Boyle is where my heart is heading, I have my own mountain to climb, my own thoughts to clear. I look forward to it and also my visit to Belgium and Macronised France in a short while. Things military add to my knowledge on the conundrum that was the Great War but I do not think that if I submerge myself wholly in that knowledge will the conundrum lessen. That is just a thought considering that Great War really started with the Agadir Incident in Morocco in 1912.
My last day dawns hardly, it is light but the whole countryside is covered by low, low cloud and except for it being 19C you would think you were in early morning Boyle. Probably God’s way of acclimatising one. I have given my dues to the staff and we are on our way to lunch at another French gastronomique, Le Baratin (which roughly translates as ‘The Gobshite’). The place is littered with them. I think you could say Morocco has taken over the title of food capital of the world.
Gazpacho de Tomate surrounding an island of crabe and avocat is my starter, followed by rognons de veau in a Dijonnais sauce and a puree of pomme de terre. Excellent, can you see how my French has improved in just a few days. A visit to an art gallery displaying naive Moroccan art and then a supermarket for last night booze. On my last night we are having drinks with a Spanish couple opposite. The party conversation will consist of French, Arabic, Spanish and English sentences with me muttering in a language that nobody can understand but I did manage a bet that Le Pen would beat Macron with the Spanish gent. However all I was doing was using up the last of my dirhams. Early to bed hopefully leaving the oasis at 7.30am for my 10.30am flight. I will be sorry to leave but glad to arrive home.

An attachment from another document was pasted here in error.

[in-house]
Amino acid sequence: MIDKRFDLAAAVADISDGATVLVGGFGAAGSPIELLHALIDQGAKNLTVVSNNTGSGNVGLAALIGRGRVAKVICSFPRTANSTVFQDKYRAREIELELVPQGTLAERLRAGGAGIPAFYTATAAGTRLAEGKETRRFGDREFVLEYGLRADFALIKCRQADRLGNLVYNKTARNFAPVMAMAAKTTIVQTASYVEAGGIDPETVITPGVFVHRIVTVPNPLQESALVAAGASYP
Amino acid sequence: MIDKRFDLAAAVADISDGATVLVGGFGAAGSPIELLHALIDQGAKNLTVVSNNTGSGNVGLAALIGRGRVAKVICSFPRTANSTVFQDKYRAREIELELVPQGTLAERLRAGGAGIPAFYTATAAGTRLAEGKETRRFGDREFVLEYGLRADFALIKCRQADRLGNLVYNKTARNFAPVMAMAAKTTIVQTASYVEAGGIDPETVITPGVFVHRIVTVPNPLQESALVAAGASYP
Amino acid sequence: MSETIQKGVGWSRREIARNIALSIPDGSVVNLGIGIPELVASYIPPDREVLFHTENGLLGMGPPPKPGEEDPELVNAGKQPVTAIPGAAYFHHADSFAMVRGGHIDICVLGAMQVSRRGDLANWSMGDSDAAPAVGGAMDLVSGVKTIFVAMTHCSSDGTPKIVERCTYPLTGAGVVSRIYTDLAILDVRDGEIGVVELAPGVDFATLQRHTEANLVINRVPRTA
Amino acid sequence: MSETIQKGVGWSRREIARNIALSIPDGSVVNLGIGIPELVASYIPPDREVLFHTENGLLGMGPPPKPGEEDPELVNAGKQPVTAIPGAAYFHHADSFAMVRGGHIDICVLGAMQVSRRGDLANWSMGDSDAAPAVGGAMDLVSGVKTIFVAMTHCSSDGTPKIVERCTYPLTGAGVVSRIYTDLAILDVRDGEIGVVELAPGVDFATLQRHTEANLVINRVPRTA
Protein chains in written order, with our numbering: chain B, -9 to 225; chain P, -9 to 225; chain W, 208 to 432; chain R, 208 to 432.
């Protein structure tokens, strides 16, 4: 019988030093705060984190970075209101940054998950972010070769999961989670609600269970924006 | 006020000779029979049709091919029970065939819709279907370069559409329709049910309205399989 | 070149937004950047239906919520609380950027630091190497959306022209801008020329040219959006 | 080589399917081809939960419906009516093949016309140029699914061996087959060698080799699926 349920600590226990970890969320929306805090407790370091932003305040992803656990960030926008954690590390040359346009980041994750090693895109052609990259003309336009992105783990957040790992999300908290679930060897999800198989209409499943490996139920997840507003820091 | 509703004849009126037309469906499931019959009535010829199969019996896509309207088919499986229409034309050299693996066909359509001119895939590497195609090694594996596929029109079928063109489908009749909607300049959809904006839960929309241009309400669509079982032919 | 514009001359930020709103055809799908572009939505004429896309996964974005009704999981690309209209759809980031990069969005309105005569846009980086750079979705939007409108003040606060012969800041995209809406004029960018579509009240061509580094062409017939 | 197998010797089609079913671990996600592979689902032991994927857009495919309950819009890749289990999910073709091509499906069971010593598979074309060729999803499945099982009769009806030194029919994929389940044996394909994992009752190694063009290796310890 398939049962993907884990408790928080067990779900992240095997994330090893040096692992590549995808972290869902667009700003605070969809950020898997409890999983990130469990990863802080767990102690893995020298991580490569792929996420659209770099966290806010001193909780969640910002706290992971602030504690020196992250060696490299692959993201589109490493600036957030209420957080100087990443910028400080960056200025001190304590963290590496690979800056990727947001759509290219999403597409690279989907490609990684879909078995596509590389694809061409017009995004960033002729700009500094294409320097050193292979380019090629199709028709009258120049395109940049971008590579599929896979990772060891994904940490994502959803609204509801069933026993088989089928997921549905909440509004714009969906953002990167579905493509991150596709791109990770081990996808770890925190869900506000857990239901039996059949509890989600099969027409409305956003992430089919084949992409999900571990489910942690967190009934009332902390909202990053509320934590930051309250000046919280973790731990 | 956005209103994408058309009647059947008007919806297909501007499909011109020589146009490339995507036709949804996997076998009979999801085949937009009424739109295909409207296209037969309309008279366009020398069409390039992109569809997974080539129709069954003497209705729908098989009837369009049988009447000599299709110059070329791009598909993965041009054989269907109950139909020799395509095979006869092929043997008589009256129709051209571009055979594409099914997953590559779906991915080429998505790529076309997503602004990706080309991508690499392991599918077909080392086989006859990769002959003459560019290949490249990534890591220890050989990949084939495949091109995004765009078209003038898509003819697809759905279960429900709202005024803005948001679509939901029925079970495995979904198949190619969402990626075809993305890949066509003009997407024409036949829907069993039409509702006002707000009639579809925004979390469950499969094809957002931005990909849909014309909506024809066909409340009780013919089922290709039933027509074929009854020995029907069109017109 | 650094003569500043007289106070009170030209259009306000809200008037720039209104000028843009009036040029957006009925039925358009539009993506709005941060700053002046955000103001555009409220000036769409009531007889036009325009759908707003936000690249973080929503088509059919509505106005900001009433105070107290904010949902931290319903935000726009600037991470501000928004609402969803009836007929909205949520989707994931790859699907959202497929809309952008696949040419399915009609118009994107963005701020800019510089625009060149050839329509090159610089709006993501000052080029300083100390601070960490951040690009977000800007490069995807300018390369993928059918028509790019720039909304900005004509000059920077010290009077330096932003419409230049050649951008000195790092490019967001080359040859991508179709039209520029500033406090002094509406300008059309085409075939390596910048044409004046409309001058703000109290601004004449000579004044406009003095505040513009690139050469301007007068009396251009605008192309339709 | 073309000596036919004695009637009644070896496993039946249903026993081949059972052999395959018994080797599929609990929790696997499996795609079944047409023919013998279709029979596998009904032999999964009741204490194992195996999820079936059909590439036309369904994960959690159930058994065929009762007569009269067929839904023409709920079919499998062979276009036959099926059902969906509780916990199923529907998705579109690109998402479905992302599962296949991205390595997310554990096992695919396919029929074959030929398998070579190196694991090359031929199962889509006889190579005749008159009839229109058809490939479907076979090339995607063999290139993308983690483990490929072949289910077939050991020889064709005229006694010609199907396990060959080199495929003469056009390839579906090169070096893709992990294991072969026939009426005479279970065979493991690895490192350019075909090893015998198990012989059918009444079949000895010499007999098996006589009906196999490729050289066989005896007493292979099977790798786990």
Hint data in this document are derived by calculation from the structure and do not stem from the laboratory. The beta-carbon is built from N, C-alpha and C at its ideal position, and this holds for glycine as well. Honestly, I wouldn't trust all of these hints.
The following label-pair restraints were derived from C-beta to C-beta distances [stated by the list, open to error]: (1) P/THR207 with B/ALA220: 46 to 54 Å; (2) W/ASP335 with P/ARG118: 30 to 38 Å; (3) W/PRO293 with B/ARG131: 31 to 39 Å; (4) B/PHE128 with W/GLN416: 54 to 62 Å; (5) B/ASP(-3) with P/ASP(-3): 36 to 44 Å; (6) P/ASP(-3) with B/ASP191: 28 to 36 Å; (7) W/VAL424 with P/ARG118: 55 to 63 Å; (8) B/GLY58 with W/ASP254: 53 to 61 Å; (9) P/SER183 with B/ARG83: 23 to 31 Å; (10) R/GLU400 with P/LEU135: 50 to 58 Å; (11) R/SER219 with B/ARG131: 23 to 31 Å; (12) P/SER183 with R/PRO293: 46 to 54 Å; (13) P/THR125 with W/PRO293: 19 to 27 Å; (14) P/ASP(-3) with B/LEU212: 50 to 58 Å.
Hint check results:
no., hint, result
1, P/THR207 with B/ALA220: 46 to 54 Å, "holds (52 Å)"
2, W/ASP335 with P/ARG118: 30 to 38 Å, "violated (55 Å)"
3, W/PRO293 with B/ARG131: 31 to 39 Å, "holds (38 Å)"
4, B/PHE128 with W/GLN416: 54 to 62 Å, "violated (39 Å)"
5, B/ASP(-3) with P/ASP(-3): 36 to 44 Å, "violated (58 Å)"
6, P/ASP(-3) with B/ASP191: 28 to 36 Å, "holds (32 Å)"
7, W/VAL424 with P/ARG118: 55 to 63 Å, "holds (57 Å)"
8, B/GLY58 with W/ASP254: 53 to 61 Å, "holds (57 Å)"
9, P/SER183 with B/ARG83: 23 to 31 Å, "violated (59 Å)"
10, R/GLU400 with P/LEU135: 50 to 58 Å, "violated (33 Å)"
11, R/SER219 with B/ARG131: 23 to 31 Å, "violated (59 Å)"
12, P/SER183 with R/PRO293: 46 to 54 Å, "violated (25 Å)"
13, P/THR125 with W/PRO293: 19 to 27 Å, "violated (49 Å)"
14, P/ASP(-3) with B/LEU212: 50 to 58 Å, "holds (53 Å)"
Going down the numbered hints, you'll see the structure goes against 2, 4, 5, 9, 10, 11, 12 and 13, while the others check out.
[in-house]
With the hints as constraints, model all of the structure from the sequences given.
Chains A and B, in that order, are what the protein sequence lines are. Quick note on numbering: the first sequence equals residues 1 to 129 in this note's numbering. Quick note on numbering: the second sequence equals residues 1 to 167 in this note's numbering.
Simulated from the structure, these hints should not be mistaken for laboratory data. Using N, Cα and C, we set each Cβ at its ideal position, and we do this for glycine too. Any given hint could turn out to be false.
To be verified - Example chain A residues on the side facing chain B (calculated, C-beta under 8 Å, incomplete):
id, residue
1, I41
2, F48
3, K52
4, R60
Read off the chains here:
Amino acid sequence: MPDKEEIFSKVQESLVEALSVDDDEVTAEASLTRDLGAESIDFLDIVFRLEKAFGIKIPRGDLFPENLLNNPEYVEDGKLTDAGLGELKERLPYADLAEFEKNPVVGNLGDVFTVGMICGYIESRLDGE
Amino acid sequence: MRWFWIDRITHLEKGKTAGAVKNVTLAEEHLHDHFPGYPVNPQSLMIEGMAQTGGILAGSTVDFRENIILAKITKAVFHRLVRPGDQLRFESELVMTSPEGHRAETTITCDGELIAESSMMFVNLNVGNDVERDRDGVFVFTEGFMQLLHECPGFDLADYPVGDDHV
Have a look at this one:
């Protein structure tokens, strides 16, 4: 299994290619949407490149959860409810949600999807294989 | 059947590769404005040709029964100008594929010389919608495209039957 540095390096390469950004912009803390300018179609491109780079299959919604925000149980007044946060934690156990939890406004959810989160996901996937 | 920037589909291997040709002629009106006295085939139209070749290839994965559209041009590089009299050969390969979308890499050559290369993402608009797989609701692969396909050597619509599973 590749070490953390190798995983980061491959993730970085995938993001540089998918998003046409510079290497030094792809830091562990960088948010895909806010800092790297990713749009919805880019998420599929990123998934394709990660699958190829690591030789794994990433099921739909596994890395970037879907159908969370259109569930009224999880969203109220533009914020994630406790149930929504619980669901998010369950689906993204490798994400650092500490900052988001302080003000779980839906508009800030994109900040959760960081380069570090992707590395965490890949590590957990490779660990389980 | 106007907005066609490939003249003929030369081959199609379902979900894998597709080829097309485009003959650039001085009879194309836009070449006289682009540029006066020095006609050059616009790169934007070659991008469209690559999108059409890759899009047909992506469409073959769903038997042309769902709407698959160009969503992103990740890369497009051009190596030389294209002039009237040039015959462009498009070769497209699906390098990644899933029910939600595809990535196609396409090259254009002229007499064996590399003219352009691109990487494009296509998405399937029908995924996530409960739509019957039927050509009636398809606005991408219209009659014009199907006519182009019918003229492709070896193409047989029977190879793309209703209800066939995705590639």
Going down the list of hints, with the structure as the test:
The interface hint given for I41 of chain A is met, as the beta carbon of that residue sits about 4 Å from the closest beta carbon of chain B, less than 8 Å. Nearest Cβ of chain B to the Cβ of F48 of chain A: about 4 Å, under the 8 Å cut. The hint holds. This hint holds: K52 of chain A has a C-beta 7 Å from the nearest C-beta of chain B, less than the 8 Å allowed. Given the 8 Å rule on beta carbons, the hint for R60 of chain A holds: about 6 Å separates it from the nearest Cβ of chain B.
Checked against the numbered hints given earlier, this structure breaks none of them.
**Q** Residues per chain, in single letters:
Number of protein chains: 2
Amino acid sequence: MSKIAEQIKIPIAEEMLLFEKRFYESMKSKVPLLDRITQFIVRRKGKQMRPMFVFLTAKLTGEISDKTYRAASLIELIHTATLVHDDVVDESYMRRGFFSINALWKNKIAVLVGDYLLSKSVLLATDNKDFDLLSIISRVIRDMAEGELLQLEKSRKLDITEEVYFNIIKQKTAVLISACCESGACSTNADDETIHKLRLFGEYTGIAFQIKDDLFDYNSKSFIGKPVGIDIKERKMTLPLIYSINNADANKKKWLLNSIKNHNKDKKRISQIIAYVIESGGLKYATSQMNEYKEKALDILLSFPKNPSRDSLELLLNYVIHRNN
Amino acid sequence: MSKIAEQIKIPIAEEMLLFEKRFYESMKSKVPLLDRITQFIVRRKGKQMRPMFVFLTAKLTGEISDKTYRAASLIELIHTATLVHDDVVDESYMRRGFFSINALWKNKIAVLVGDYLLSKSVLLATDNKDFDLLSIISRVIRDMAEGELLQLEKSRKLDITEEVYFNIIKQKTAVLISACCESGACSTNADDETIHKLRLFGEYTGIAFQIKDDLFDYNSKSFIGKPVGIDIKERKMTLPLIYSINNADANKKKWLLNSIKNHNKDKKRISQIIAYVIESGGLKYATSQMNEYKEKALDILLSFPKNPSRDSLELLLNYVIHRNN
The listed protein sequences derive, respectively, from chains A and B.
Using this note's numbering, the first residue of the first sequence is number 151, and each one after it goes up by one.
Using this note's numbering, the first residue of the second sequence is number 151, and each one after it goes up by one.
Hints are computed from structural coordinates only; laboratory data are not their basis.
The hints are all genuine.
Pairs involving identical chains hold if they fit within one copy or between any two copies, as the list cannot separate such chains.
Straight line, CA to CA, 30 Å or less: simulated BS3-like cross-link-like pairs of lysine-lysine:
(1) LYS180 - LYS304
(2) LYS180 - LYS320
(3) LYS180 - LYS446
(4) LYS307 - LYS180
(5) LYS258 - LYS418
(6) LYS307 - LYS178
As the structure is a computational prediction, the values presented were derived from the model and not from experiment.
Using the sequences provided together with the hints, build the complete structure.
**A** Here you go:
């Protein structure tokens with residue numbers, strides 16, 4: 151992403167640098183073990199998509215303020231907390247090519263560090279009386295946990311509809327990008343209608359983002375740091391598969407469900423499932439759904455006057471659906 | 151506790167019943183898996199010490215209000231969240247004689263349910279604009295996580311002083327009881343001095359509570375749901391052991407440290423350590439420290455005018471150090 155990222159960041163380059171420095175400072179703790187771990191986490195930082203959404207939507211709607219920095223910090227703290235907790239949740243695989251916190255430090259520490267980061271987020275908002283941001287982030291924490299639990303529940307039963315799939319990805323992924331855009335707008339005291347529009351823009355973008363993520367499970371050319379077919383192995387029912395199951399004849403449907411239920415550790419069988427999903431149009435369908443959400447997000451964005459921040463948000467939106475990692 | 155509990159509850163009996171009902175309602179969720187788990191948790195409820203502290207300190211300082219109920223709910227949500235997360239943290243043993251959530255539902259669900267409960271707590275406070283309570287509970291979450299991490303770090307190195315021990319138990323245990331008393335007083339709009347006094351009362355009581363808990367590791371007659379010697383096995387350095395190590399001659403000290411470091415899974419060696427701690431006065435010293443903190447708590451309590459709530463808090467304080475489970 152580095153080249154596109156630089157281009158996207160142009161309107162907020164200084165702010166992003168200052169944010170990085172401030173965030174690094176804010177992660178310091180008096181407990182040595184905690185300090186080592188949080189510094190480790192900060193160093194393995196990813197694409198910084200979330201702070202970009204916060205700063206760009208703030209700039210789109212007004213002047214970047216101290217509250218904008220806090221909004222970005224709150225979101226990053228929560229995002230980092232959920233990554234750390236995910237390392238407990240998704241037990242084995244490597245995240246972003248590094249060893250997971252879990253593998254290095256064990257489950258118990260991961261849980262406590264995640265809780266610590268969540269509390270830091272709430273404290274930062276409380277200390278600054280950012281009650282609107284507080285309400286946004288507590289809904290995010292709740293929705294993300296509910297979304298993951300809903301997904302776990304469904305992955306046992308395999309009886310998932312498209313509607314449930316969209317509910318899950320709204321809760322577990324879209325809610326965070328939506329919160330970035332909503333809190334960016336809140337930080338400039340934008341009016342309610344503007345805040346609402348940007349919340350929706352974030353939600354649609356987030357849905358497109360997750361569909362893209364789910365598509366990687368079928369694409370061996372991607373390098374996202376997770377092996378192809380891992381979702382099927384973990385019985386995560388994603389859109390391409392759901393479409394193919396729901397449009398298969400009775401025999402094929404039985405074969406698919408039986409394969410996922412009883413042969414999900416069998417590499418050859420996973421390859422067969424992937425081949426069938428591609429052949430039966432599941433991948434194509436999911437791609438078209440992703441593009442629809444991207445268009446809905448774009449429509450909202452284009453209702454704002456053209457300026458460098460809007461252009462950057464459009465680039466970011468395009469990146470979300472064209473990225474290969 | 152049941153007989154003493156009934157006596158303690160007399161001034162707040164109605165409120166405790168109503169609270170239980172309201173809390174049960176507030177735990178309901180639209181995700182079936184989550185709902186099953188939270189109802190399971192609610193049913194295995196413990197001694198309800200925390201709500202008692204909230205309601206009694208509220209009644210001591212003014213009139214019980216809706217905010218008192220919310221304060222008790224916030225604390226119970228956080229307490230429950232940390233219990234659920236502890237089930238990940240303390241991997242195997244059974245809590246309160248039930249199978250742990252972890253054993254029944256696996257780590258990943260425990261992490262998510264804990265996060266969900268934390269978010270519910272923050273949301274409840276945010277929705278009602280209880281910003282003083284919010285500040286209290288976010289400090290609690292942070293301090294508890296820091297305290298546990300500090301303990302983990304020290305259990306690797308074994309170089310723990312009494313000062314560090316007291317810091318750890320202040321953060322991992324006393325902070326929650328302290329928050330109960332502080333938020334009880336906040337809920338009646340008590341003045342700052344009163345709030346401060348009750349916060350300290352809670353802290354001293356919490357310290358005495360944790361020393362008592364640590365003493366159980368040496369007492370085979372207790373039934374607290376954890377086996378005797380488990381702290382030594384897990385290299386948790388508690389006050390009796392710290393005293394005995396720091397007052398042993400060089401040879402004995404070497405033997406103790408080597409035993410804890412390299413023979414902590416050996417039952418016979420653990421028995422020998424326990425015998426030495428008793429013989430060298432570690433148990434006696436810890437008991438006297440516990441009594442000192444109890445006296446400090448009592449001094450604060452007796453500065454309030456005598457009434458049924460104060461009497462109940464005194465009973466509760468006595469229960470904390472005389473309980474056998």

My lasting impression of Morocco is the extreme poverty, trapped as I was in the opulent ex-pat bubble made their poverty worse. People who work are on 80-100 dirhams a day (€8-€10) and are mostly in an urban environment, in the country, where the oasis is, employment is rare with men picking up odd jobs in agriculture and women making cane and raffia items and selling them for a pittance to roadside shops. There is no benefits system, so no work, no money. Villages become collectives and the people share as much as they can. There is more a sense of a commune than in any place I’ve seen and somehow it works but they just get by. Nobody has money in their pockets. The town is littered with sub-Saharan people driven out of their own countries by even worse poverty, the young women prostitute themselves, the men and boys beg and often worse. The police are everywhere keeping everything in check.
The road to riches is by walking and if lucky eventually buying a bike and then a hand-cart, then a donkey, then a horse, then a cart, then a scooter, then a triporteur and at that stage you are a made man. A triporteur is a three wheeled motor bike with a trailer for a pillion passenger and that can carry people or goods. Rarely an entrepreneur jumps out of the pack and gets himself a car. Most dwellings are just mud shacks and thankfully it does not rain often because the roofs are very flimsy affairs.
The great sadness is that Morocco is full of multi-nationals putting up all inclusive holiday resorts for tourists who never go out of the compound gates and therefore never experience the delights of the place. The money spent never filters down into the local economy except to pay the pittance level wages of those who work there. But for the middle class Moroccans and the wealthy French life is good. Too good.
It is an exciting place for young professionals in the IT sector which seems to be booming but my heart goes out to the poor who are always happy, honest, decent people with not a pot between them to piss in, constrained as they are by their Islamic doctrines. The star of my two weeks is the village barber who cuts hair to better than European standards for two dirhams a head, totally adept with razor and scissor, a remarkable young man.